Astronomers spot fastest ever nova explosion
Studying the rare event may help scientists to gain insights about the death of stars and the evolution of the universe.
The shortest-ever-lived nova has been spotted by a team of US astronomers. Dubbed V1674 Hercules, the cosmic explosion occurred on 12 June 2021 and was so bright that it could be seen by the naked eye.
Novae are created by the explosion of white dwarf — the very dense leftover core of a star — and a nearby companion star. Over time, the white dwarf sucks matter away from its companion, which then heats up and triggers an uncontrolled explosive burst of energy.
Typically novae fade over several weeks, however V1674 Hercules lasted just over 24 hours – an extremely rare occurrence.
“It was only about one day, and the previous fastest nova was one we studied back in 1991, V838 Hercules, which declined in about two or three days,” said co-researcher Prof Sumner Starrfield, an astrophysicist based at Arizona State University School of Earth and Space Exploration.
The material ejected by novae eventually end up forming new stellar systems, our own Solar System was formed in the same way. This whole process plays an important role in the cycle of matter in space.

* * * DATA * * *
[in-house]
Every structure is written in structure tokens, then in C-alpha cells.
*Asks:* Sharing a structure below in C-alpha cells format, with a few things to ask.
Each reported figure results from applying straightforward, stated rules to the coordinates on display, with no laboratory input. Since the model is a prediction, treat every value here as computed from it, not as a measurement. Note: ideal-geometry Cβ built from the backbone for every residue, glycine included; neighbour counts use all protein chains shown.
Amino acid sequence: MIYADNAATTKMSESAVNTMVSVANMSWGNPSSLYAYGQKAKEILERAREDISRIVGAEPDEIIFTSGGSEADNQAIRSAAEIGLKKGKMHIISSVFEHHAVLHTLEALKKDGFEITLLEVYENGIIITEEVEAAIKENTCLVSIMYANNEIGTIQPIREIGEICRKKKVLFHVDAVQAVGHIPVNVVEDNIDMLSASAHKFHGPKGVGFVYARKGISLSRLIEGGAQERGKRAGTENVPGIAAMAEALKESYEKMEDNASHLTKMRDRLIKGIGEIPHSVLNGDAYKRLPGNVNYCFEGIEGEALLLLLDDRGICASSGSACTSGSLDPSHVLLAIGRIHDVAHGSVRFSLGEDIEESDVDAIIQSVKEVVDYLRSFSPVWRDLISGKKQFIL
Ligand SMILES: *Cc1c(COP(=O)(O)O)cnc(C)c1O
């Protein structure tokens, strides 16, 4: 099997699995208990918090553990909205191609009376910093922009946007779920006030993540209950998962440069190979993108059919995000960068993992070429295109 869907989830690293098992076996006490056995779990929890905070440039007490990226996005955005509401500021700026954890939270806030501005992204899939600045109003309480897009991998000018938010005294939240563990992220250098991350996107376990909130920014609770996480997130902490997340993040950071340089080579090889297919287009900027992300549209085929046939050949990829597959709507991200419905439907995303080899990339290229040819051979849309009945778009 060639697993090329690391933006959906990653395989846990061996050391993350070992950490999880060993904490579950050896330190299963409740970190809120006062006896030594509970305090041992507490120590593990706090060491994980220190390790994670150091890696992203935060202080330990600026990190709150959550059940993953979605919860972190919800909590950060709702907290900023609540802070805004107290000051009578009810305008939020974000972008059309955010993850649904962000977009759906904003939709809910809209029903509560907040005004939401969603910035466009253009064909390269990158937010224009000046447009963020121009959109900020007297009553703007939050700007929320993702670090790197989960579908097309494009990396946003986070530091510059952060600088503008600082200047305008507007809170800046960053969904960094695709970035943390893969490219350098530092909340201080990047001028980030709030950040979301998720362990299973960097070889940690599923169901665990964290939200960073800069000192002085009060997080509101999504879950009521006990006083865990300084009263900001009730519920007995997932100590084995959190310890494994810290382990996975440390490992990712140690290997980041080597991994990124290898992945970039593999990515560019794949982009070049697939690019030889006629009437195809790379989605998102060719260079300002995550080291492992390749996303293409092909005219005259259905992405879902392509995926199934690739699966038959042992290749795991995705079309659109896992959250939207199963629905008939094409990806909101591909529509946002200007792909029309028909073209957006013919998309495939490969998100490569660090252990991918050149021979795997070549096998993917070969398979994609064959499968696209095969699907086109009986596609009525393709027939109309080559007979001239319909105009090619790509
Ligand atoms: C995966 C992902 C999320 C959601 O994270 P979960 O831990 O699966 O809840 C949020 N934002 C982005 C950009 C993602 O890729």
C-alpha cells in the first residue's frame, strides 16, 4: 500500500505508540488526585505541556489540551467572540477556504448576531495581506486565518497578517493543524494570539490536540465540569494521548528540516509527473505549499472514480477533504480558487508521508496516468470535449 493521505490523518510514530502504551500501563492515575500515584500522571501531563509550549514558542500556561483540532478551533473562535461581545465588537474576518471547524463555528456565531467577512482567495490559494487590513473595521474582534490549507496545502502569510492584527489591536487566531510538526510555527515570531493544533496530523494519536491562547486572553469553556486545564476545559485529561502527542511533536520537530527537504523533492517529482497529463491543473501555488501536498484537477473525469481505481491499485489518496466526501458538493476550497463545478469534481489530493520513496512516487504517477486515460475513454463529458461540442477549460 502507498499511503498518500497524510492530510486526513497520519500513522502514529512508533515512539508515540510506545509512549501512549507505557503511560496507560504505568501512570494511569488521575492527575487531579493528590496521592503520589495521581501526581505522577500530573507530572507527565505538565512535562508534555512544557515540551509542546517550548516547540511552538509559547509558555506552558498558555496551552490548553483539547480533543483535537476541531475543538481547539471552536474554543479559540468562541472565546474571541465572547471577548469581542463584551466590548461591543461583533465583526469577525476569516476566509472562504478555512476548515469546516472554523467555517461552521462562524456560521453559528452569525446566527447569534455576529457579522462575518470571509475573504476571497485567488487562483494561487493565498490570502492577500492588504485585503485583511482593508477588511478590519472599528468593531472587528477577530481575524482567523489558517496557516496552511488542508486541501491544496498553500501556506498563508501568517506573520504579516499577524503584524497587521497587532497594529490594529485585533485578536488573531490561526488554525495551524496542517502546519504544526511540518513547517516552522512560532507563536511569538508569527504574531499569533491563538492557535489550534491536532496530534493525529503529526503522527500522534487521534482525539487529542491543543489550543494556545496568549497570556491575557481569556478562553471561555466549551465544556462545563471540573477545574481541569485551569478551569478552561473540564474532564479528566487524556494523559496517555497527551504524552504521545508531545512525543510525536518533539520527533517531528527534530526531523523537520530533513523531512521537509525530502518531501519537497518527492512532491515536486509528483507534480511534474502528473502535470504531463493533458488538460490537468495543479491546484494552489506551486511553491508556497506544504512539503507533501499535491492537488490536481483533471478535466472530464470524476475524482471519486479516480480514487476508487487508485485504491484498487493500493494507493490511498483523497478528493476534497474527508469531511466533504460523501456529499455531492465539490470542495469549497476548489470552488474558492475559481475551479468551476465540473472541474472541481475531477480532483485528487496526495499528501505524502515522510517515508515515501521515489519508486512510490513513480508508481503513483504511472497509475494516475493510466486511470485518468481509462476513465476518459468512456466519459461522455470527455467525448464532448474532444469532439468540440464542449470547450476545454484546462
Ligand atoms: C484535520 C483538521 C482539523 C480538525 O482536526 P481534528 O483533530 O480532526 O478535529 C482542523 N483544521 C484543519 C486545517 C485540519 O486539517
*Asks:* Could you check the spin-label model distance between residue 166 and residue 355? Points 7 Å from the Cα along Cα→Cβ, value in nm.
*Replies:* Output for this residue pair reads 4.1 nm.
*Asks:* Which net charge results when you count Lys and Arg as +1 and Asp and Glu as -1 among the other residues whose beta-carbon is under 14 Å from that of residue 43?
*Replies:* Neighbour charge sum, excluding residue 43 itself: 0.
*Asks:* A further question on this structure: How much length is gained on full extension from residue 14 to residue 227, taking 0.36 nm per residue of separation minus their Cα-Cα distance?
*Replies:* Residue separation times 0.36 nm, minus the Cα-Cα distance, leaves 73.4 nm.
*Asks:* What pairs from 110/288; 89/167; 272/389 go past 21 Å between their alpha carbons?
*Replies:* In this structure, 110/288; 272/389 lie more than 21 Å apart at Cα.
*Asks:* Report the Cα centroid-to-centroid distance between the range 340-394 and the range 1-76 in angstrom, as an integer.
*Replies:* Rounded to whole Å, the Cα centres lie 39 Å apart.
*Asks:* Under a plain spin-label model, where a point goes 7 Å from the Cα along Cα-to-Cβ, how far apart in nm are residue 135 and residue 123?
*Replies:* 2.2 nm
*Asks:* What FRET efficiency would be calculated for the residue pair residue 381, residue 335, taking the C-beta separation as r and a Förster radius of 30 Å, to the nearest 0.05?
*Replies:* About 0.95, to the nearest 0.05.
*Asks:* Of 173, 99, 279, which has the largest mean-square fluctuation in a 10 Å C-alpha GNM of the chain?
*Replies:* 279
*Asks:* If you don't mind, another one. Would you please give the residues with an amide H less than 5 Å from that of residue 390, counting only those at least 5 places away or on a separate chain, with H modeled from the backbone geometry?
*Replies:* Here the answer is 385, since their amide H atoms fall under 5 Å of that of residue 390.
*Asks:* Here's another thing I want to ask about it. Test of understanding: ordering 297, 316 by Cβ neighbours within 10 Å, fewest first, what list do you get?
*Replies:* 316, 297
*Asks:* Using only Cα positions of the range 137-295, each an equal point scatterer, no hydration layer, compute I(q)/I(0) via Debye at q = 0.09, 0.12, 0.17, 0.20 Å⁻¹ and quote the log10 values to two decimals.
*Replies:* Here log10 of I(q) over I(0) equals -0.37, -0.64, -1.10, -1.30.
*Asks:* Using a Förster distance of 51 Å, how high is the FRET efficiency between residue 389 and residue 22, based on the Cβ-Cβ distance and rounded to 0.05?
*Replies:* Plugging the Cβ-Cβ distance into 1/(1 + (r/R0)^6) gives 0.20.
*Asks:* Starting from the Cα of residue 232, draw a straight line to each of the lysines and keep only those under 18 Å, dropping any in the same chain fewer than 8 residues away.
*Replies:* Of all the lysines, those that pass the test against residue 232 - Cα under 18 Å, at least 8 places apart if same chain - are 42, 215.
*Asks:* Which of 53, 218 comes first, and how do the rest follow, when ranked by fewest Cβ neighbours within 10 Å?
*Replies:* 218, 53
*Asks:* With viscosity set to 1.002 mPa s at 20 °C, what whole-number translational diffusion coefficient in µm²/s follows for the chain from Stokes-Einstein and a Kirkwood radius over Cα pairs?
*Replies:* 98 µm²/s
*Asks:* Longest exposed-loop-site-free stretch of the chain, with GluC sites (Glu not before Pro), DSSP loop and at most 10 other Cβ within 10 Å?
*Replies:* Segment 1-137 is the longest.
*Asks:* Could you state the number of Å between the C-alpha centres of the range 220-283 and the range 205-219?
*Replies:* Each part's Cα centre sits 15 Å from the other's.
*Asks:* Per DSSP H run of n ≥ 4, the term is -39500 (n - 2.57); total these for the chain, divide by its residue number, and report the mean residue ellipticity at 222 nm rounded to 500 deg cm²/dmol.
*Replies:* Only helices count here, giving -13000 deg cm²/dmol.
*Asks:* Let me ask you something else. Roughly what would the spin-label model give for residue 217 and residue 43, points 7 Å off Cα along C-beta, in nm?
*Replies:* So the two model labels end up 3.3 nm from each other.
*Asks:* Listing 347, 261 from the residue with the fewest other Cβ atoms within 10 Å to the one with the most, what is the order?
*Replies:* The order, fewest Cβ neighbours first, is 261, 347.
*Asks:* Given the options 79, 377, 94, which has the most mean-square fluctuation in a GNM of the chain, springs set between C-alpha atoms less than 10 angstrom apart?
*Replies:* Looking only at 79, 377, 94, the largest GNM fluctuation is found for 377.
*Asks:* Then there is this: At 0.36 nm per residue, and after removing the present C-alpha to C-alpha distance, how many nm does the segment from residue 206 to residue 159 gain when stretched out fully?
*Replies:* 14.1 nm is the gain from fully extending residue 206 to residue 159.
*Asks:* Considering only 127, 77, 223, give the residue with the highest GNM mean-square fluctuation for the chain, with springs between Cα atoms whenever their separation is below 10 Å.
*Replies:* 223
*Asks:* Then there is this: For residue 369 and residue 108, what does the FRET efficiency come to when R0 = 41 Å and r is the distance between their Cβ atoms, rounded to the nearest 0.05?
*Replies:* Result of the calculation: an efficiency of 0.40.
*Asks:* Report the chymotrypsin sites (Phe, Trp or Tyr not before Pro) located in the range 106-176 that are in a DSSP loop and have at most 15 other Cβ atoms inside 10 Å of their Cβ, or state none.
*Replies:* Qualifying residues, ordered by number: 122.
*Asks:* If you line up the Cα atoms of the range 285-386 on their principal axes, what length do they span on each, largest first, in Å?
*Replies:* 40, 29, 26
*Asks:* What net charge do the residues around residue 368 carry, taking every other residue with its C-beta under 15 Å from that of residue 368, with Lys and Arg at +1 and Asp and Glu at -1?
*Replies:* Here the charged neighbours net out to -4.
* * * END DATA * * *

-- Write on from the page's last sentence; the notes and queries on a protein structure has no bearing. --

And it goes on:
Astronomers also hope that by studying novae they can learn more about the lifecycle of binary systems – a process that is not well understood.
“We're always trying to figure out how the solar system formed, where the chemical elements in the solar system came from,” said Starrfield.
“One of the things that we're going to learn from this nova is, for example, how much lithium was produced by this explosion. We're fairly sure now that a significant fraction of the lithium that we have on the Earth was produced by these kinds of explosions.”
The team now plan to further study the cause of the outburst and the processes that led to it, the reason for its record-breaking brevity and its unusual brightness.
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Jason is the commissioning editor for BBC Science Focus. He holds an MSc in physics and was named Section Editor of the Year by the British Society of Magazine Editors in 2019. He has been reporting on science and technology for more than a decade. During this time, he's walked the tunnels of the Large Hadron Collider, watched Stephen Hawking deliver his Reith Lecture on Black Holes and reported on everything from simulation universes to dancing cockatoos. He looks after the magazine’s and website’s news sections and makes regular appearances on the Instant Genius Podcast.